Wednesday 25 November is International Day for the Elimination of Violence against Women. Gloria, a passionate defender of women’s rights, talks about dedicating over 30 years of her life to preventing and ending violence against women in Colombia.
During the coronavirus pandemic, the government in Honduras is increasing its repression and stigmatisation of human rights defenders. Furthermore, despite the risks posed by coronavirus for workers, some mining companies are continuing their activities with the approval of the government. Jess Michelmore, from CAFOD’s Latin America team, shares the story of Juana, a human rights defender from Honduras.
Father Melo is the Director of CAFOD’s longstanding Church partner ERIC-Radio Progreso in Honduras, which works on communications and research focusing on migration, integral ecology and defending human rights. As ERIC celebrates its 40th anniversary, Father Melo talks about the current situation in Honduras, the impact of coronavirus, his ideas for an alternative development, the organisation’s achievements and their hopes for the next 10 years.
Kezia Lavan from CAFOD’s Brazil team tells us about her latest trip to the Brazilian Amazon where she met with local communities who are learning to farm sustainably, preserve the forest and stand up for their rights.
Bishop David Martínez de Aguirre Guinea works in Peru’s Amazon and is one of the two Secretaries attending the Amazon Synod. As the Synod takes place, Bishop David tells us about the importance of bringing the Amazon and its peoples into the heart of the Church.
Mauricio López is the Executive Secretary of REPAM – a Catholic Church network CAFOD supports that promotes the rights and dignity of the people in the Amazon. As the Amazon Synod takes place, Mauricio tells us about the threats indigenous communities in the Amazon face and the important role they play in protecting our planet.
Father Peter Hughes is a missionary priest originally from Ireland who has lived and worked in Peru for over 50 years. As the Amazon Synod begins, he tells us about the importance of the Amazon for the whole world.
Today is International Human Rights Day. Esther Gillingham, CAFOD’S Brazil Programme Officer explains how CAFOD’s partner, Justice on the Railway Tracks is empowering human rights defenders and changing lives in Brazil.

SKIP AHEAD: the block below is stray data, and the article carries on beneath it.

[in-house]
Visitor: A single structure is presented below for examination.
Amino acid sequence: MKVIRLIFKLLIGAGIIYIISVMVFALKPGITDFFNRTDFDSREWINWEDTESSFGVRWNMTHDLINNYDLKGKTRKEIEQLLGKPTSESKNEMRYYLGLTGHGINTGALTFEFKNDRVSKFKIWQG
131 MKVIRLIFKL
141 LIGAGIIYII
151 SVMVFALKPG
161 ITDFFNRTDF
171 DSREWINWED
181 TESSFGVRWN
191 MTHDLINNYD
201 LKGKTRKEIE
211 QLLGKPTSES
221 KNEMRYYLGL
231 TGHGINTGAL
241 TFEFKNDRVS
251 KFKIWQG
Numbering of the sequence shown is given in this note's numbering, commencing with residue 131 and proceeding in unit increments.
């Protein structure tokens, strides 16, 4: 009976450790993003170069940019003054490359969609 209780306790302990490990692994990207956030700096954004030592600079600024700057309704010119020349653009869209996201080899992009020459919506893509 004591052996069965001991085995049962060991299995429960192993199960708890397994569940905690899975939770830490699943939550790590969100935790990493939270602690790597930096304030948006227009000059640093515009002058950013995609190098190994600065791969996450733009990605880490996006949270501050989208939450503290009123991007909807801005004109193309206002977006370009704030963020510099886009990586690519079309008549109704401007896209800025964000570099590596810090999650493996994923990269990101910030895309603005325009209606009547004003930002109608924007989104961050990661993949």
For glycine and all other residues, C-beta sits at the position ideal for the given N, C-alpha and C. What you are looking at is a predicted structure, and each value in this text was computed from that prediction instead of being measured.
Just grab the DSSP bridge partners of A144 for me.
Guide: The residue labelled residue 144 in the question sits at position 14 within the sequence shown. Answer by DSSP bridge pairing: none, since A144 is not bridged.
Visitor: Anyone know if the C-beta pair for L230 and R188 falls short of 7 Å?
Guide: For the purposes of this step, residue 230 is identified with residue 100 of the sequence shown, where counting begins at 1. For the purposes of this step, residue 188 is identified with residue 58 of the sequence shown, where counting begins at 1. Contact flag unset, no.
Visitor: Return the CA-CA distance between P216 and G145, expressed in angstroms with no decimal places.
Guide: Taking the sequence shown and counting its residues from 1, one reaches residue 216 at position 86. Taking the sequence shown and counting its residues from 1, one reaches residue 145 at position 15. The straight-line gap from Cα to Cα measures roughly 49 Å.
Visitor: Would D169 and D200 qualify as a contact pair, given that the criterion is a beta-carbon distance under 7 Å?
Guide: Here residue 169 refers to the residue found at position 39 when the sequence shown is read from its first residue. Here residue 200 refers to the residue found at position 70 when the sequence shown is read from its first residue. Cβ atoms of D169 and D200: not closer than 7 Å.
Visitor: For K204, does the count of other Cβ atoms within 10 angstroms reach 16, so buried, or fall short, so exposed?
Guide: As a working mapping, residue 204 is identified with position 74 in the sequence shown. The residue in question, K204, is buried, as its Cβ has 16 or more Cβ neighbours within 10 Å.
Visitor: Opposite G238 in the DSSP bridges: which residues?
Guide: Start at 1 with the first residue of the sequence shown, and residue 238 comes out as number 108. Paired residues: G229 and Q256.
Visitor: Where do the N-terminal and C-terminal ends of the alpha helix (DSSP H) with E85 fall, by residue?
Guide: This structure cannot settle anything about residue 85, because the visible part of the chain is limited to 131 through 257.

CAFOD are very proud to share the news that our Brazilian partner, Justice on the Railway Tracks was presented with the first ever Human Rights and Business Foundation Award presented at the UN Forum on Business and Human Rights in Geneva on 27th November 2018.
They received the award for their work defending poor communities from the impacts of human rights and environmental abuses by mining companies in the Amazonian state of Maranhao in north-eastern Brazil.
This work included a 13-year long legal struggle which resulted in the landmark resettlement of the Piquia de Baixo community who have been adversely affected by a huge steel plant built right next to their community in the 1980s.
Tania Dalton was a member of CAFOD’s Latin America team for nearly 13 years. In this blog she explains how Archbishop Oscar Romero has inspired her to begin a new chapter in her life.
Two big things are happening in my life right now:
I have started to train as a primary school teacher
Blessed Oscar Romero is being officially recognised as a saint on 14 October
It might seem conceited to say the two things are related, but in my mind, they are.
Inspired by Oscar Romero
I first heard about Archbishop Oscar Romero when I started working in CAFOD in 1999. I am inspired daily by Romero’s unwavering option for the poor, although I was a small child when he was killed for his defence of basic human rights and social justice.